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Re: bash process substitution process not awaited before next statement

From: Greg Wooledge
Subject: Re: bash process substitution process not awaited before next statement started?
Date: Wed, 23 Nov 2011 16:34:29 -0500
User-agent: Mutt/

On Wed, Nov 23, 2011 at 08:41:56AM +0100, address@hidden wrote:
> Description:
>       It looks as if bash is not waiting for a process-substition process
>       which is reading stdin to complete before bash moves on to executing
>       the next statement.

Process substitutions are background processes.  They are exactly the same
as doing:

mkfifo tmp-fifo
your job <tmp-fifo & disown
some other job >tmp-fifo

>       spew_and_slurp_with_lock()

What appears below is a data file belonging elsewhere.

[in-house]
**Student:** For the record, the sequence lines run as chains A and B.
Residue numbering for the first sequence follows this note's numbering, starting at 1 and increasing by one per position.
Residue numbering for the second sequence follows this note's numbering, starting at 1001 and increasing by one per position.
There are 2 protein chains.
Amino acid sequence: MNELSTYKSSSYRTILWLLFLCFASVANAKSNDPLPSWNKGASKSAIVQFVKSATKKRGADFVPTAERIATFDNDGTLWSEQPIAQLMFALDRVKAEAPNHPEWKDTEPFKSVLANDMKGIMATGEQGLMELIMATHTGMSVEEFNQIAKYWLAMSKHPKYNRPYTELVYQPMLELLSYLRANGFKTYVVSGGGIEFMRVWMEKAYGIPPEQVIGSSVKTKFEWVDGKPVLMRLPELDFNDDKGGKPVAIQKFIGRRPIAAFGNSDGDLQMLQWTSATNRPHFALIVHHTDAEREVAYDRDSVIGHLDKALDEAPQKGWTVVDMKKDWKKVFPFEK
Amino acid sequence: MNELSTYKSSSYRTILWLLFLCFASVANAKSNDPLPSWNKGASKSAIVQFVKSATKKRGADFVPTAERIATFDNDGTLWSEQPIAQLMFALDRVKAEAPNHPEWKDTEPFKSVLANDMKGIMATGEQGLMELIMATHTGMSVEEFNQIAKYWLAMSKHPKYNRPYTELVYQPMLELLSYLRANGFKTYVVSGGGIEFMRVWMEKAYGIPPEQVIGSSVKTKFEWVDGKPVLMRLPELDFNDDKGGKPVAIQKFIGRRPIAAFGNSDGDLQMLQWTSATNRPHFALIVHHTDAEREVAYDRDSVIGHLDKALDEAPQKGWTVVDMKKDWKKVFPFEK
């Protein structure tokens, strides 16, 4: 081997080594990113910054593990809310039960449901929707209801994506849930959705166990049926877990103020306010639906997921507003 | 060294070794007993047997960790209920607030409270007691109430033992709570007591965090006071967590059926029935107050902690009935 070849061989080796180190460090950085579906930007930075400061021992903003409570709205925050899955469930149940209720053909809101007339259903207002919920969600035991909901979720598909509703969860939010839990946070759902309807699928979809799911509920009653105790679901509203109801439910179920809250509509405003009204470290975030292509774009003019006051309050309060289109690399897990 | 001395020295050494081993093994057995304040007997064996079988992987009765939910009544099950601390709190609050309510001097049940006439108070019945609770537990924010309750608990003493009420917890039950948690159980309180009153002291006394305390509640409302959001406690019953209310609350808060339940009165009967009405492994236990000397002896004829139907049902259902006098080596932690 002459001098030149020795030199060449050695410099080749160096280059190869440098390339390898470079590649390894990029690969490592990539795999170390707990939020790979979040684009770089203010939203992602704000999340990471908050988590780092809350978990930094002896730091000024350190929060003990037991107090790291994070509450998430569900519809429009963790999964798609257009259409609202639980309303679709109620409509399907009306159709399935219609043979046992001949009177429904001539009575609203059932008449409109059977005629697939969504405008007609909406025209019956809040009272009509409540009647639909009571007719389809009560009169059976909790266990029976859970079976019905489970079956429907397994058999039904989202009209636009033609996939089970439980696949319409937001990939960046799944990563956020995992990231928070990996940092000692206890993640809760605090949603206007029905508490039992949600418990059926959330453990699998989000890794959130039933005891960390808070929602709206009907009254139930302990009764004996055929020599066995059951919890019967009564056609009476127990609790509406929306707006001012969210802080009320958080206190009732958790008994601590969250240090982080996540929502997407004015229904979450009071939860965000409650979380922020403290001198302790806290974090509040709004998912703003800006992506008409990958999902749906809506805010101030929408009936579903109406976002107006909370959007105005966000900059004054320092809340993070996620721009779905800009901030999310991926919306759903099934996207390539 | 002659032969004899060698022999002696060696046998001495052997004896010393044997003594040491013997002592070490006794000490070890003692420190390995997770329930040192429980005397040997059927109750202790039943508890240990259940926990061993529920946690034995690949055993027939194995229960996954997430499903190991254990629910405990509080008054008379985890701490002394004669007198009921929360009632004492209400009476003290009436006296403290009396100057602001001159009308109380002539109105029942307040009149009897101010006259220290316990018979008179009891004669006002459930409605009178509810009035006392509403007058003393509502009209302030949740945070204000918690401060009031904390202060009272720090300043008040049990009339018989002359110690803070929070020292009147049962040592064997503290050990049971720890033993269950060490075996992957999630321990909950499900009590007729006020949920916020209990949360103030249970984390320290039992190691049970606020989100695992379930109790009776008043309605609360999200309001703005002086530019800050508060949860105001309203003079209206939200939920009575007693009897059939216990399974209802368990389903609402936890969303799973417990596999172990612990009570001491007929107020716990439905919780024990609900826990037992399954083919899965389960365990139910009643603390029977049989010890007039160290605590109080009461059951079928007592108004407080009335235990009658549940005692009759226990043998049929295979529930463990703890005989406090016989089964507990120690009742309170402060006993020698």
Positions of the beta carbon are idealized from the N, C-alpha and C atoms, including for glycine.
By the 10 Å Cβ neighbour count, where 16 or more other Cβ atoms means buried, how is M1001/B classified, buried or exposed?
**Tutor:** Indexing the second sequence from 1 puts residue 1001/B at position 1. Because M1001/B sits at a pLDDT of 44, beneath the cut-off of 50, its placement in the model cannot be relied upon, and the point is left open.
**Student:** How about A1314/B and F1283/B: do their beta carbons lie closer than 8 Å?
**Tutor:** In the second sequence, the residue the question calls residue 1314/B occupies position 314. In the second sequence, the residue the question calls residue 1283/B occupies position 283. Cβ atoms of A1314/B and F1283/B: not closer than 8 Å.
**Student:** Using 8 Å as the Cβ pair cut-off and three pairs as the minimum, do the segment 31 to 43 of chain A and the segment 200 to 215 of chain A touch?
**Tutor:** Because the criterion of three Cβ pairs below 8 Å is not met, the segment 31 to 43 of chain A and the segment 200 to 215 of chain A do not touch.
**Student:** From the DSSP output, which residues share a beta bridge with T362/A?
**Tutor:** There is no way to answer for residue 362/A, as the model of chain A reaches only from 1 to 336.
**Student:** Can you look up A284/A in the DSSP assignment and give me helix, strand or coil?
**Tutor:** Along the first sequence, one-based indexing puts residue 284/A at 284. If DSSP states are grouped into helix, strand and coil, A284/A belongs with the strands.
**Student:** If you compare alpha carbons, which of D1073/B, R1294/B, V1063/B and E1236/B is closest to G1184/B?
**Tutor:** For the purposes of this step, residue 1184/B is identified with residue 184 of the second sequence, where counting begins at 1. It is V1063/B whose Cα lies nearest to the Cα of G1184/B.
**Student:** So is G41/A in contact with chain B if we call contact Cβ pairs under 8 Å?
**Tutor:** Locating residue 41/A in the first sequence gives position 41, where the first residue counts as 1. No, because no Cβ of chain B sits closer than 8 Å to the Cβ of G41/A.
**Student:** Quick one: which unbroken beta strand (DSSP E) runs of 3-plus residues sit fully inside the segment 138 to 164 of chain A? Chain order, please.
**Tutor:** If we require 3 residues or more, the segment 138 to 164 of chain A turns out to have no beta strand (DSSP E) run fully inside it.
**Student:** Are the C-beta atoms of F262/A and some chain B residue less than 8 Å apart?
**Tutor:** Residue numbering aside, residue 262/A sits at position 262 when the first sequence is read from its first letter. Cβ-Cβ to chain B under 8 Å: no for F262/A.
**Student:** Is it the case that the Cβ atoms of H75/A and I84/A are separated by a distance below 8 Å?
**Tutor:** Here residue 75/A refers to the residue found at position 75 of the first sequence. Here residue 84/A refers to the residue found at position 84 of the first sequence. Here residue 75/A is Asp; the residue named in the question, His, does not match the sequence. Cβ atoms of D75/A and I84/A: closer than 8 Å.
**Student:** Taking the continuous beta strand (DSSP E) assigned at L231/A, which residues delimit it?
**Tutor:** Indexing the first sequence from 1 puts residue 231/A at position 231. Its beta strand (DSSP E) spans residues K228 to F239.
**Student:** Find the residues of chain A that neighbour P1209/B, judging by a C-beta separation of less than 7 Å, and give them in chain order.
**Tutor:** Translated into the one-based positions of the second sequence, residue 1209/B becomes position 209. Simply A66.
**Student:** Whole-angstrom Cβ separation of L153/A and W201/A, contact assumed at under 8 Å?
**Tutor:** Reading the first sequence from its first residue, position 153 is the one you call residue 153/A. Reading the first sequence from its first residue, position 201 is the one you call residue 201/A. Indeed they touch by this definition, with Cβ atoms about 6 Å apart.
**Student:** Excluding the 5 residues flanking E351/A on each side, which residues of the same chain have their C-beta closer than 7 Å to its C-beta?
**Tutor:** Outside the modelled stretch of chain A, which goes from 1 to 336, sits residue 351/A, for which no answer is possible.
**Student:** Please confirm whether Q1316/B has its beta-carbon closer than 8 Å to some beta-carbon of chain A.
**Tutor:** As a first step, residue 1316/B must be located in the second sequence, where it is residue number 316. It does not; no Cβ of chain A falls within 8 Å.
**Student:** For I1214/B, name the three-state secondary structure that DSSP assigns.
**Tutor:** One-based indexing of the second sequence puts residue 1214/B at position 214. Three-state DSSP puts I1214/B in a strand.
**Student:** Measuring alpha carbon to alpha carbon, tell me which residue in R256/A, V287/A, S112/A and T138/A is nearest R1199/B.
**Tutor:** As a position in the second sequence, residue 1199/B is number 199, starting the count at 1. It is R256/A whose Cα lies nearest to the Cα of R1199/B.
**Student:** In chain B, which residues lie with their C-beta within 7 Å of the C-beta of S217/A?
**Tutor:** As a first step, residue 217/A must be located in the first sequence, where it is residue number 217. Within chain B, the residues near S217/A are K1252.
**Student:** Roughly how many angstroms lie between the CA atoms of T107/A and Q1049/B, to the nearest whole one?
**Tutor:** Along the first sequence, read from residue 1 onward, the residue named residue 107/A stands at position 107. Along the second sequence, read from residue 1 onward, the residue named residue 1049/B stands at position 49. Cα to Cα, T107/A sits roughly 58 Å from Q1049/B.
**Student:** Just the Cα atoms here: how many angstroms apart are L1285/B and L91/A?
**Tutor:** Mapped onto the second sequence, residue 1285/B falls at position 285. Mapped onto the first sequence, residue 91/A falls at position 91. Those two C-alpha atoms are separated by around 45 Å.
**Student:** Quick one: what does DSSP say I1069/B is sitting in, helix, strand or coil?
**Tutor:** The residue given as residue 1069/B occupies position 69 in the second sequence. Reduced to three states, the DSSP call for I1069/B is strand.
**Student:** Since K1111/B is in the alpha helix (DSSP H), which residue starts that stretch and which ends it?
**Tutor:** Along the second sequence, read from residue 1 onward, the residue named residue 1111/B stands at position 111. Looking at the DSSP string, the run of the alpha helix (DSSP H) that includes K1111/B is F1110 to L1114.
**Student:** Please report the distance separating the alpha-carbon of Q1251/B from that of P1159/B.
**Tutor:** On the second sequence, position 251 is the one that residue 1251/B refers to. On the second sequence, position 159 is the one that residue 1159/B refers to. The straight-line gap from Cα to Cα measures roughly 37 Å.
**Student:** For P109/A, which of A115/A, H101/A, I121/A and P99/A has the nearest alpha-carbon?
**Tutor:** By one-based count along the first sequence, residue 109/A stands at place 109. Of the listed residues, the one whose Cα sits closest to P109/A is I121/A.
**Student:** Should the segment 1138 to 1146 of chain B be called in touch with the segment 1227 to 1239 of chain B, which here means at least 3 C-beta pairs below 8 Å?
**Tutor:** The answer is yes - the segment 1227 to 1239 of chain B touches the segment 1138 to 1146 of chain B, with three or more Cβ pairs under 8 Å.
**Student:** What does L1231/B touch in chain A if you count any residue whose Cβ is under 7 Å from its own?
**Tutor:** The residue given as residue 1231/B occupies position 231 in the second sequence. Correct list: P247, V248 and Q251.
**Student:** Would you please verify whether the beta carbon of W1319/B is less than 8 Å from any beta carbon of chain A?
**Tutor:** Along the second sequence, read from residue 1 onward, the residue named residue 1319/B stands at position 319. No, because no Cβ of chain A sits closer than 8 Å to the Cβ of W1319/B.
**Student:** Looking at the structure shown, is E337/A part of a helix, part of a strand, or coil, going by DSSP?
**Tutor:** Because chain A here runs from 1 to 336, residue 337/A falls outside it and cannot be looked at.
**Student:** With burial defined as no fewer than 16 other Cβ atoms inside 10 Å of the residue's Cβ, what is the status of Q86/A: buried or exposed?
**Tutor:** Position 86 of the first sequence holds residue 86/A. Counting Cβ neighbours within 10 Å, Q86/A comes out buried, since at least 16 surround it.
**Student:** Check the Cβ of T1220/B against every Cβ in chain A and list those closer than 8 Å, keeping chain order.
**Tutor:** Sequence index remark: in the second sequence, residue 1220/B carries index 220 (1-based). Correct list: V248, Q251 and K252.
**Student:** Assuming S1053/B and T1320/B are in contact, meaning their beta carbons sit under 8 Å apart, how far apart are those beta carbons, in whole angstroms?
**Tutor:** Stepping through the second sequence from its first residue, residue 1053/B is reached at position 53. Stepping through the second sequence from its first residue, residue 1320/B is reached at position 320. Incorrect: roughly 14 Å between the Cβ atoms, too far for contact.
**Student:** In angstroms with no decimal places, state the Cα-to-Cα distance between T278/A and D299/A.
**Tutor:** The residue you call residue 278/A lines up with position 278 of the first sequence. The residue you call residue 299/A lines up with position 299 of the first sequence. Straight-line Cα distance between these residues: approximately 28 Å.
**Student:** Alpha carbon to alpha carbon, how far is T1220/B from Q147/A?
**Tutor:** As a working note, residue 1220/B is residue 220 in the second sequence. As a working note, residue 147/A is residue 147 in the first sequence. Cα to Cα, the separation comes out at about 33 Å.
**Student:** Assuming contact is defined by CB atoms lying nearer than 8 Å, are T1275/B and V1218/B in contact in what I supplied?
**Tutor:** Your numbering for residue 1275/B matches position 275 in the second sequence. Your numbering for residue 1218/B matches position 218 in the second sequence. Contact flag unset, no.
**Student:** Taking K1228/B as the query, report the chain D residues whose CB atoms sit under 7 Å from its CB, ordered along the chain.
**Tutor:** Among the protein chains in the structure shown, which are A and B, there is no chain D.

>       {
>               local I
>               for ((I=0; I<1000; I++)); do
>                       echo "some junk"
>               done > >(mkdir $LOCK_DIR; cat > /dev/null; rmdir $LOCK_DIR)
>       }

In this case, the entire mkdir;cat;rmdir job is launched in the background,
with a file descriptor pointing to it.  The for loop is being redirected to
that.  The for loop should block until the cat command reads from the
pipe, at which point the main shell may move on.  Meanwhile, the cat command
which is in the background does its processing, and terminates; and then
finally rmdir gets called.

So yes, the main shell and the rmdir could be doing things simultaneously.
That's how process substitutions are defined.

If you want to ensure that the main shell waits for the rmdir, then
you must abandon the process substitution syntax and use your own explicit

mkfifo tmp-fifo
{ mkdir "$LOCK_DIR"; cat >/dev/null; rmdir "$LOCK_DIR"; } < tmp-fifo & pid=$!
for ... done > tmp-fifo
wait $pid
rm tmp-fifo

Only then will you be assured that things will run the way you need them to.

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